Earlier this month, newly-appointed Chancellor Rishi Sunak delivered his inaugural Budget, amid the continued uncertainty over Brexit and growing concern over the coronavirus.


Sunak’s big spending plans – including £5.2 billion to be invested in flood defences and £27bn for road repairs –  made for the most generous Budget since 1992 – but what was in the small print?



We were already expecting a number of changes to the Capital Gains Tax (CGT) system from next month, including a cut in payment deadlines, giving landlords just 30 days to pay the CGT on additional property sales.


What this means is that, if you sell a house that is not your main residence, such as holiday home or a buy-to-let, you will have to send a return and make payment of the CGT liability within 30 days of sale.


Furthermore, lettings relief has been abolished unless you are living in the same house as your tenant. Previously, landlords selling a property that was their main residence were exempt from paying tax on the final 18 months that they owned the property. From April however, this window will be reduced to nine months.


However, there will still be 36 months of exemption for those who have had to move due to requiring care/disability reasons.


For housebuyers, the main headline is the introduction of a two per cent stamp duty surcharge for foreign purchasers of UK property.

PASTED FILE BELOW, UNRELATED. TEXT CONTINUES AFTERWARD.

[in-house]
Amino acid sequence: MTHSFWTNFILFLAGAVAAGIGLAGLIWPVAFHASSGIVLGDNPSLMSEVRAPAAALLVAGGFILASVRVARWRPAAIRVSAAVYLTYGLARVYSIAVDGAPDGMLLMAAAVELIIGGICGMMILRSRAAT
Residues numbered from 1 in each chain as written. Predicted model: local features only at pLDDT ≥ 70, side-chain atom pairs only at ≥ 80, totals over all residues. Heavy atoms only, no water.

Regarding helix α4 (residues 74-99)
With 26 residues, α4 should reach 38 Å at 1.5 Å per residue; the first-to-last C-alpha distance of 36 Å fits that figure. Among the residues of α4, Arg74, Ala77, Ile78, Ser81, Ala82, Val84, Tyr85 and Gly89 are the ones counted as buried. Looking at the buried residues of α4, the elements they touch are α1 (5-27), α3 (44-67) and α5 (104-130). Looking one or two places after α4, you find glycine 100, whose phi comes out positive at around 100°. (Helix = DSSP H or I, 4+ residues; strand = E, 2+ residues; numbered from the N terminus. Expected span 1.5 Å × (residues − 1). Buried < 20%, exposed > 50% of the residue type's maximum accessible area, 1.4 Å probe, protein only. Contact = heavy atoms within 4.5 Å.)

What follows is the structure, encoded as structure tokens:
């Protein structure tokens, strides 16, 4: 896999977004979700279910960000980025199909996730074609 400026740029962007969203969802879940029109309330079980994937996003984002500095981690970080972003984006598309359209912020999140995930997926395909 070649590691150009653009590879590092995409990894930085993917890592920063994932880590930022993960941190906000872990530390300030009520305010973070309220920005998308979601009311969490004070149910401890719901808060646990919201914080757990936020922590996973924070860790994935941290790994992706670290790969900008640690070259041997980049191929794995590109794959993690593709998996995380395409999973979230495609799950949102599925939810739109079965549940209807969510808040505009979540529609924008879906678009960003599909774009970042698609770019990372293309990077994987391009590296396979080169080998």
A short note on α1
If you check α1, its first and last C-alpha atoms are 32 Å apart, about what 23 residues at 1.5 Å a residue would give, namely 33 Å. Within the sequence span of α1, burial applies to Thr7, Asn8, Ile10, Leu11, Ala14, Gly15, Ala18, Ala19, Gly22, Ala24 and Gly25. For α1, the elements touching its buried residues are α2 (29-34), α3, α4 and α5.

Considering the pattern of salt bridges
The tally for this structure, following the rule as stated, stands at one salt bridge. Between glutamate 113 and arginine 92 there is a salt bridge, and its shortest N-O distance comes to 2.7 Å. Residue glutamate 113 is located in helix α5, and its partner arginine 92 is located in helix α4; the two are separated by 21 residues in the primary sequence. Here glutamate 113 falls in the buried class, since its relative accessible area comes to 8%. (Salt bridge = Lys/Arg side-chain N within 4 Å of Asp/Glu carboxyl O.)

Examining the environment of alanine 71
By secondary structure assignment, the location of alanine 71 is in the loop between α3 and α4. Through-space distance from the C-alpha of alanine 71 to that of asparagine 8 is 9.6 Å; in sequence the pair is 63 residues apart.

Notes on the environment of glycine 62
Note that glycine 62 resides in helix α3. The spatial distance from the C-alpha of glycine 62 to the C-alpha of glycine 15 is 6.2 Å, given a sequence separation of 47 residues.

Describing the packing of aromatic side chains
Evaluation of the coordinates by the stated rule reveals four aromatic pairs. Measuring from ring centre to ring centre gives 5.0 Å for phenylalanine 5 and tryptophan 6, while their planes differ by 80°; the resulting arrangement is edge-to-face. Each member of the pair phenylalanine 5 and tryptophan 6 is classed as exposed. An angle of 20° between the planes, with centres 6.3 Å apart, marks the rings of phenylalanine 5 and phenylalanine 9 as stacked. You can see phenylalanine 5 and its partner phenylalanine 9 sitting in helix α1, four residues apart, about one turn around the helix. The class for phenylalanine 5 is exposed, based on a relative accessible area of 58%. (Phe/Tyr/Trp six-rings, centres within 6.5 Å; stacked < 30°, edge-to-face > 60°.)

Lifetime allowance for Entrepreneurs Relief has been reduced from £10m of qualifying gains to just £1 million, and this came into effect from March 11th.


Small firms had a promising Budget, with business rates to be abolished for firms in retail, leisure and hospitality that have an annual rateable value of less that £51,000. For public houses, the discount allowed rises from £1,000 to £5,000 on rates, while corporation tax rates have remained unchanged at 19 per cent.


Wages, salaries and pensions


The National Insurance threshold is rising to £9,500, which represents a saving of £86, benefiting 31 million taxpayers. However, anyone earning over the small earnings threshold of £6,136 will still get credits required towards the state pension. For those on the national living wage, this will increase to £8.72 for workers over the age of 25 with the aim to be £10.50 by 2024.

The threshold for tapering the annual tax relief allowance for higher earners has increased to £200,000 for threshold income, removing anyone earning under that amount from tapering altogether.


Tapering will now only begin if the “adjusted income“ is greater than £240,000, which is expected to remove 98 per cent of hospital consultants and 96 per cent of GPs out of tapering altogether.


However, the tapering allowance remains at £40,000, with a decreased minimum amount of £4,000 from the original £10,000 of the previous year.


Coronavirus measures

If an employee is advised to self-isolate, statutory sick pay will be payable. Should an employer have fewer than 250 staff, up to two weeks of statutory sick pay will be refundable.


The self-employed who are advised to stay at home will be entitled to Employment Support Allowance from day one of isolation.


Sunak also announced loans of up to £1.2m would be made available for small and medium-sized businesses, to support them through any disruption.